fact, however, is that the principle advocated in the Restatement has been adopted and applied by some jurisdictions. The first step in the direction or accepting this innovation seems to have been taken in New York, Kilmer v. White, 254 N.Y. 64, 70-71, 171 N.E. 908, 910. After quoting from a tentative draft of the Restatement, which contained substantially the same doctrine as is now found in Section 353, the court wrote as follows on this point:
'Under this rule a vendor, innocent of conscious deception, is entitled to expect that his vendee will discover a condition which would be disclosed by such an inspection as the vendee should make before taking possession. On the other hand, if the vendor conceals a dangerous condition known to him, as by painting it over, or by giving assurances that the premises are safe when he knows the contrary to be the fact, he is not entitled to assume that the vendee will discover the condition in time to prevent injury to others. The vendor desires to sell the property. Knowledge by the vendee of its true condition might prevent a sale. Therefore, the vendor's conduct must be such that it will not prevent the vendee from learning of the concealed defects by making a proper inspection. Otherwise, the vendor remains subject to liability for harm caused to the licensees of the vendee until the vendee has discovered the true condition. The fault is his, and the liability is his. * * *
'The New York rule, so far as expressed by this court, does not cast on the vendee any duty of inspection before taking possession.'
In Pharm v. Lituchy, 283 N.Y. 130, 132, 27 N.E.2d 811, the New York court again applied this principle and formulated it in the following language:
'At common law it is the general rule that an owner of land ceases to be liable in negligence for its condition when the premises pass out of his control before injury results. * * * However, at common law there are exceptions and one of these is where a nuisance exists on the premises.'
These rulings were followed in McCabe v. Cohen, 294 N.Y. 522, 525, 63 N.E.2d 88, in the following language:
'There was evidence from which the jury could have found that the president of the defendant-appellant knew that the fire escapes, including the stairway in question, were 'at a point where further corrosion would make them dangerous'; that he had reason to believe that the vendee would not realize the risk involved and that he failed to disclose this condition to the vendee. Under the rule approved in Kilmer v. White, 254 N.Y. 64, 171 N.E. 908, and in Pharm v. Lituchy, 283 N.Y. 130, 27 N.E.2d 811, the trial court properly refused to dismiss the complaint. Restatement of Torts, § 353.'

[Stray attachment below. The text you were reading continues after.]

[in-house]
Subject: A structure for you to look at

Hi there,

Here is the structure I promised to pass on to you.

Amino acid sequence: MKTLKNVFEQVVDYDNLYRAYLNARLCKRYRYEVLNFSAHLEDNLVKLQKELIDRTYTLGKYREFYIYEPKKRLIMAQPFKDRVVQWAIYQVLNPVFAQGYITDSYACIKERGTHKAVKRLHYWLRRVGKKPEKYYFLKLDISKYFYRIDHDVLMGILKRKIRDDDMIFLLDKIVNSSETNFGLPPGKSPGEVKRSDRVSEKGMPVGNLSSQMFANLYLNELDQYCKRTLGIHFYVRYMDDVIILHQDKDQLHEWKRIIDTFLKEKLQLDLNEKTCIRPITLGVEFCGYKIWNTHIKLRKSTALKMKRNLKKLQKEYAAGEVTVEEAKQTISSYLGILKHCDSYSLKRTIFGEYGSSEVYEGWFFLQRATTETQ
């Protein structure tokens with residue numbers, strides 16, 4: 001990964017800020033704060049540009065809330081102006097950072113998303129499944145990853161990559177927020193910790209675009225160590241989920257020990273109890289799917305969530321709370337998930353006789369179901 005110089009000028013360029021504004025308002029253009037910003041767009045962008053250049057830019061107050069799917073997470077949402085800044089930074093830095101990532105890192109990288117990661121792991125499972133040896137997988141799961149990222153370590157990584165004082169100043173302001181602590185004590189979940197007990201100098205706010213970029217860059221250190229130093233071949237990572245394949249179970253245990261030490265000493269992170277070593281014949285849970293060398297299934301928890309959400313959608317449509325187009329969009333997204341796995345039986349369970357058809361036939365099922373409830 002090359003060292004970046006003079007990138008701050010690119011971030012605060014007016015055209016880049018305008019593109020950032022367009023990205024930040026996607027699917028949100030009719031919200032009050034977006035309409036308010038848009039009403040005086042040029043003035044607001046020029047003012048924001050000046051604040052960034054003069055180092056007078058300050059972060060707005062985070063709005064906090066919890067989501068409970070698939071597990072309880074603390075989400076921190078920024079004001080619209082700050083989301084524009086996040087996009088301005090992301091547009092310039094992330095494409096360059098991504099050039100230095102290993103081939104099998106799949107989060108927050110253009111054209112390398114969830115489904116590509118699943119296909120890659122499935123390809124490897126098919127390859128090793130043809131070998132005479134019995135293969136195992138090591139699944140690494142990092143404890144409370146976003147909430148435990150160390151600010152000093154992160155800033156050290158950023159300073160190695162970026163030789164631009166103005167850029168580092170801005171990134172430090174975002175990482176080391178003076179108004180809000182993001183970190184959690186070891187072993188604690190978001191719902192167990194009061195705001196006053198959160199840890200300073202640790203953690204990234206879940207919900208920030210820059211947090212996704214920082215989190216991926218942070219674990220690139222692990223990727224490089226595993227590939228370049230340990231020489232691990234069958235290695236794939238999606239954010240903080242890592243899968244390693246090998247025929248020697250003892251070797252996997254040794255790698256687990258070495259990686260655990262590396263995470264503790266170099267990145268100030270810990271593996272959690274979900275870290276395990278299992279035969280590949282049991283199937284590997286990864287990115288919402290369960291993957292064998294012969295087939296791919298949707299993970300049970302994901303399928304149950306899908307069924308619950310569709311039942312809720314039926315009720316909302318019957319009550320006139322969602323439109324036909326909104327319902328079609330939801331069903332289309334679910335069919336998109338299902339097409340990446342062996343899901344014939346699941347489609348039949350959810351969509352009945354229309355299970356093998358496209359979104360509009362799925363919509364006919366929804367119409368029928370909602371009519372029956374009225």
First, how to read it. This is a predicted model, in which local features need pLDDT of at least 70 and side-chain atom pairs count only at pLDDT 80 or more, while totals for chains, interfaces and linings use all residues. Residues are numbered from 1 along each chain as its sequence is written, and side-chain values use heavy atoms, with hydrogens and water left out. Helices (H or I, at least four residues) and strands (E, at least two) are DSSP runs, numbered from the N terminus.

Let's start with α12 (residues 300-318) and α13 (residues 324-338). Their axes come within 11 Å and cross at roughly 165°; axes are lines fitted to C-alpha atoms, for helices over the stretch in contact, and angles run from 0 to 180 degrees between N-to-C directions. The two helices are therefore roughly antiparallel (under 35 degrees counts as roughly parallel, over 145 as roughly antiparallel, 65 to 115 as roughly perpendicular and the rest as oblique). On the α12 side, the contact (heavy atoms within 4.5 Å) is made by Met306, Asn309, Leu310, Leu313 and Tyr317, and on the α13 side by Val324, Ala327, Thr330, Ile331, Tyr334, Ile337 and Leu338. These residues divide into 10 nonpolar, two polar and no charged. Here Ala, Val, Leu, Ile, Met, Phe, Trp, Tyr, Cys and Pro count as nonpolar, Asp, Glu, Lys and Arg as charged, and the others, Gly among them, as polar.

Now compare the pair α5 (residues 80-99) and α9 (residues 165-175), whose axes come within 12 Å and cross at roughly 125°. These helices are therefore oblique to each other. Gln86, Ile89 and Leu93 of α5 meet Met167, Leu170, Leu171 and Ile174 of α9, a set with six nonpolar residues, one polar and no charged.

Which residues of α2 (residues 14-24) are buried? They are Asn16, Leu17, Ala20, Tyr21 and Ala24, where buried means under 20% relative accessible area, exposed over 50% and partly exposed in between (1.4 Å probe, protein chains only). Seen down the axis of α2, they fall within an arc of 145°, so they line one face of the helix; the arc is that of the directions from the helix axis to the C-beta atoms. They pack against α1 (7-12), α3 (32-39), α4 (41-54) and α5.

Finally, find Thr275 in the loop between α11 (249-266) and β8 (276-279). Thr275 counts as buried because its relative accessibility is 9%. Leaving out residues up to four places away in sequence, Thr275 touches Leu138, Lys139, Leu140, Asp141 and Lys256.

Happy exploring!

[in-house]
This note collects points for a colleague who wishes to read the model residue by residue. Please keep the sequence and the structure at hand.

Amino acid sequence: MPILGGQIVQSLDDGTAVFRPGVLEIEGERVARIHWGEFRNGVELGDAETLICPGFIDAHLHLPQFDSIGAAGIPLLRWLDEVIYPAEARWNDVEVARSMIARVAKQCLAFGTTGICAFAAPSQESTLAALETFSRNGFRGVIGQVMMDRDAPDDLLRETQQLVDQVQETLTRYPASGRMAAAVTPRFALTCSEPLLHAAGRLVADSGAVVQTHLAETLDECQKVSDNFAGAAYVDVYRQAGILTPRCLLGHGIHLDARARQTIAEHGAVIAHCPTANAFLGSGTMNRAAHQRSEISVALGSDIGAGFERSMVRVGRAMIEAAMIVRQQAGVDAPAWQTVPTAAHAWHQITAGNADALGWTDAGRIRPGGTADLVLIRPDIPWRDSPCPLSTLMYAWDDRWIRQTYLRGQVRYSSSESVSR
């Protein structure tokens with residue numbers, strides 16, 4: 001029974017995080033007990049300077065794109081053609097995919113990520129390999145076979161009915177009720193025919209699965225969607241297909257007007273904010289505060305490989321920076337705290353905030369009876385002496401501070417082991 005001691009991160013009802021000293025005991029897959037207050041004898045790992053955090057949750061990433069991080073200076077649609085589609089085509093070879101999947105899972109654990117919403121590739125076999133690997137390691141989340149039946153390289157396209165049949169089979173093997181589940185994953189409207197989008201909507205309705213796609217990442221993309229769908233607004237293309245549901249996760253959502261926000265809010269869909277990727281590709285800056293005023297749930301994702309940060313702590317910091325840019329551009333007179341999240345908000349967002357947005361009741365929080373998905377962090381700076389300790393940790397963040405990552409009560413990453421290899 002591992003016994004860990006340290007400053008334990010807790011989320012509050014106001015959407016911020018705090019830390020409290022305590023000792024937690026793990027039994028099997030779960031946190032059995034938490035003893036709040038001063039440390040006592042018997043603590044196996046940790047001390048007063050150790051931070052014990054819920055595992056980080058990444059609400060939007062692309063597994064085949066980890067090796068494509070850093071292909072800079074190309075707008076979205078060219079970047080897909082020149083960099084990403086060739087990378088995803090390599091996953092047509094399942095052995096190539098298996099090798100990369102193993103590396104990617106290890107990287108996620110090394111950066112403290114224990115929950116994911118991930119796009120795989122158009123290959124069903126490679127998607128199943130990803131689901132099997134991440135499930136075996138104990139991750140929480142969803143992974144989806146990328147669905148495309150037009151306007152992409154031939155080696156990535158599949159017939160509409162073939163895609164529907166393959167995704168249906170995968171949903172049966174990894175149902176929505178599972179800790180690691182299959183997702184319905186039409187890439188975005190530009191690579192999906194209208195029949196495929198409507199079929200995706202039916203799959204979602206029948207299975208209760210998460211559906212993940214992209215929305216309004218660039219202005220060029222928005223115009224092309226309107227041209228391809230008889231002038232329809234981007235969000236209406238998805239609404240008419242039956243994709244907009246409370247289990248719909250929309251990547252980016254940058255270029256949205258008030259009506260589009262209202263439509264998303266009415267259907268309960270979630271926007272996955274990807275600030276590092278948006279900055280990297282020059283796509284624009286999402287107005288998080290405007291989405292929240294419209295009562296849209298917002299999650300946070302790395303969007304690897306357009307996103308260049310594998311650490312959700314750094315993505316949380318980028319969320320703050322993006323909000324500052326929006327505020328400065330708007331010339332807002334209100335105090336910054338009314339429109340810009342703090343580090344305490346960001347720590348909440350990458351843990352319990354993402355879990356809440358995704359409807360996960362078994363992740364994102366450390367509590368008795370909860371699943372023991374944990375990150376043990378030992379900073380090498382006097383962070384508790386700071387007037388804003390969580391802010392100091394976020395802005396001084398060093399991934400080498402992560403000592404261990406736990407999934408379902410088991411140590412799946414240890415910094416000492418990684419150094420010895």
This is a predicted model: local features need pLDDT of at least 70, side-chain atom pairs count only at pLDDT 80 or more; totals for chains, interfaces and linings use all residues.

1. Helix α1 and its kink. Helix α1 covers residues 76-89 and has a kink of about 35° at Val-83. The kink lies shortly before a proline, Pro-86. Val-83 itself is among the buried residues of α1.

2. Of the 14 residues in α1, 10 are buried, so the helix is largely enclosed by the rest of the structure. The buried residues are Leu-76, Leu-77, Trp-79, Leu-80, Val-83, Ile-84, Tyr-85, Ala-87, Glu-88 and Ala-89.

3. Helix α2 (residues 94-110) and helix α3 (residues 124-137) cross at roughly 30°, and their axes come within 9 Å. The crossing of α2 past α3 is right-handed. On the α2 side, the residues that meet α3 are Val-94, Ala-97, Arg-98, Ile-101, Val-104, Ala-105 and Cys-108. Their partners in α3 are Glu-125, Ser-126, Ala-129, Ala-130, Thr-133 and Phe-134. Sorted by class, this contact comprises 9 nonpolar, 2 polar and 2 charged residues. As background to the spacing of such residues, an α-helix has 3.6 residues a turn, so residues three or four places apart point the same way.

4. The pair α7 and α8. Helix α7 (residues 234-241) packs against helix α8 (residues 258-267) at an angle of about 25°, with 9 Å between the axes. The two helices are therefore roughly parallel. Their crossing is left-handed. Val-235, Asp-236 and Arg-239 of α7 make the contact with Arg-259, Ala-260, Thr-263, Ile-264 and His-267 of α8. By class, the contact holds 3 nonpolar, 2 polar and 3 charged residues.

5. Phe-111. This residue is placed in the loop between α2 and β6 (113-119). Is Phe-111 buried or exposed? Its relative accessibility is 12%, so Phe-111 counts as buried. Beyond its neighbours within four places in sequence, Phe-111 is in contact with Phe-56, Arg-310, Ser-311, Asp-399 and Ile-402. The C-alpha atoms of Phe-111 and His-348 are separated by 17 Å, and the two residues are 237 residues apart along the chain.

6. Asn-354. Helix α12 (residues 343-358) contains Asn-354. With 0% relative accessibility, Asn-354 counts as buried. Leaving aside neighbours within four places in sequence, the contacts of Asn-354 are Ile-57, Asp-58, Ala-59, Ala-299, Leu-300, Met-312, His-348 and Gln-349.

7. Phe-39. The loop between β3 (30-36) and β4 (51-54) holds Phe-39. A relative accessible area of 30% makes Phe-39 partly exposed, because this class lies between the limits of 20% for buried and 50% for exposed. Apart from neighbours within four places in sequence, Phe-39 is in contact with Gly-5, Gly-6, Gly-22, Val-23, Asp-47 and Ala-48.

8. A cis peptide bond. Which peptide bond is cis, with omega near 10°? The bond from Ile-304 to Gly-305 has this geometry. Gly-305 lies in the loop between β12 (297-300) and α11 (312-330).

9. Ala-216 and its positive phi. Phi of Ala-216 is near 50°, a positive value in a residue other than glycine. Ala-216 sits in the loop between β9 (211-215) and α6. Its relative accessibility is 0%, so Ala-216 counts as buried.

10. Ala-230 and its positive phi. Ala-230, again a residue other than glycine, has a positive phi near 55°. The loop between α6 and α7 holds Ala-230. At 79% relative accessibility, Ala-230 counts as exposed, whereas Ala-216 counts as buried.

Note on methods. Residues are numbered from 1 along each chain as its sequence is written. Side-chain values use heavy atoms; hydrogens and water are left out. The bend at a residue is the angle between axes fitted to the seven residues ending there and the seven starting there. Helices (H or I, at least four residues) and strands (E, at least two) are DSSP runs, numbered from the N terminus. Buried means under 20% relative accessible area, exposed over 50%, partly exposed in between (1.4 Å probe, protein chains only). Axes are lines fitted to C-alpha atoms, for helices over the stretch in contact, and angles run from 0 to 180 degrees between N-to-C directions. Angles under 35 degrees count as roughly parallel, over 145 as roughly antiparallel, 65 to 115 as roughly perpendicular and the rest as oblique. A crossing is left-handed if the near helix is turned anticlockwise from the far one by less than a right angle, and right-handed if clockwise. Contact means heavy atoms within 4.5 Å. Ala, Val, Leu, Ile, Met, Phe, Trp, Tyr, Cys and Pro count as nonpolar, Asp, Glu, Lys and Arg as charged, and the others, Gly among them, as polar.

Within the past two years this doctrine was recognized by the United States Court of Appeals for the Fifth Circuit, although only by way of dictum, in United States v. Inmon, 5 Cir., 205 F.2d 681, 684. The court stated:
'Generally, the liability of a grantor of real property for the dangerous or defective condition of the premises ceases upon the transfer of possession and control, regardless of whether the person injured is the transferee, or some third person to whom a duty of care is owed. * * * The rule is subject to the qualification that, if the grantor knows of a latent defect or danger on the premises, and misleads the transferee into believing the premises are safe, or fails to disclose the defect when he has reason to believe that it will not be discovered by him, he may nevertheless be liable for any injury resulting therefrom. Restatement, Torts, Sec. 353; see, also, Sec. 354, Com. b.'
In the light of the foregoing discussion, this court will adopt and apply the principle that a builder who defectively constructs a house, is liable to the purchaser or any other invitee, for personal injuries sustained by the latter, if the defect could not have been discovered on inspection by the ordinary man in the street. In this case the builder must be charged with knowledge of his own negligence. The defect was of such a character that only a person skilled in the details of building construction could have discovered it and realized its significance. Under the circumstances, the court is of the opinion that the builder and vendor should be held liable for personal injuries caused to the purchaser, or any invitee, as a result of this negligence.
Motion for judgment notwithstanding the verdict, or in the alternative for a new trial, is denied.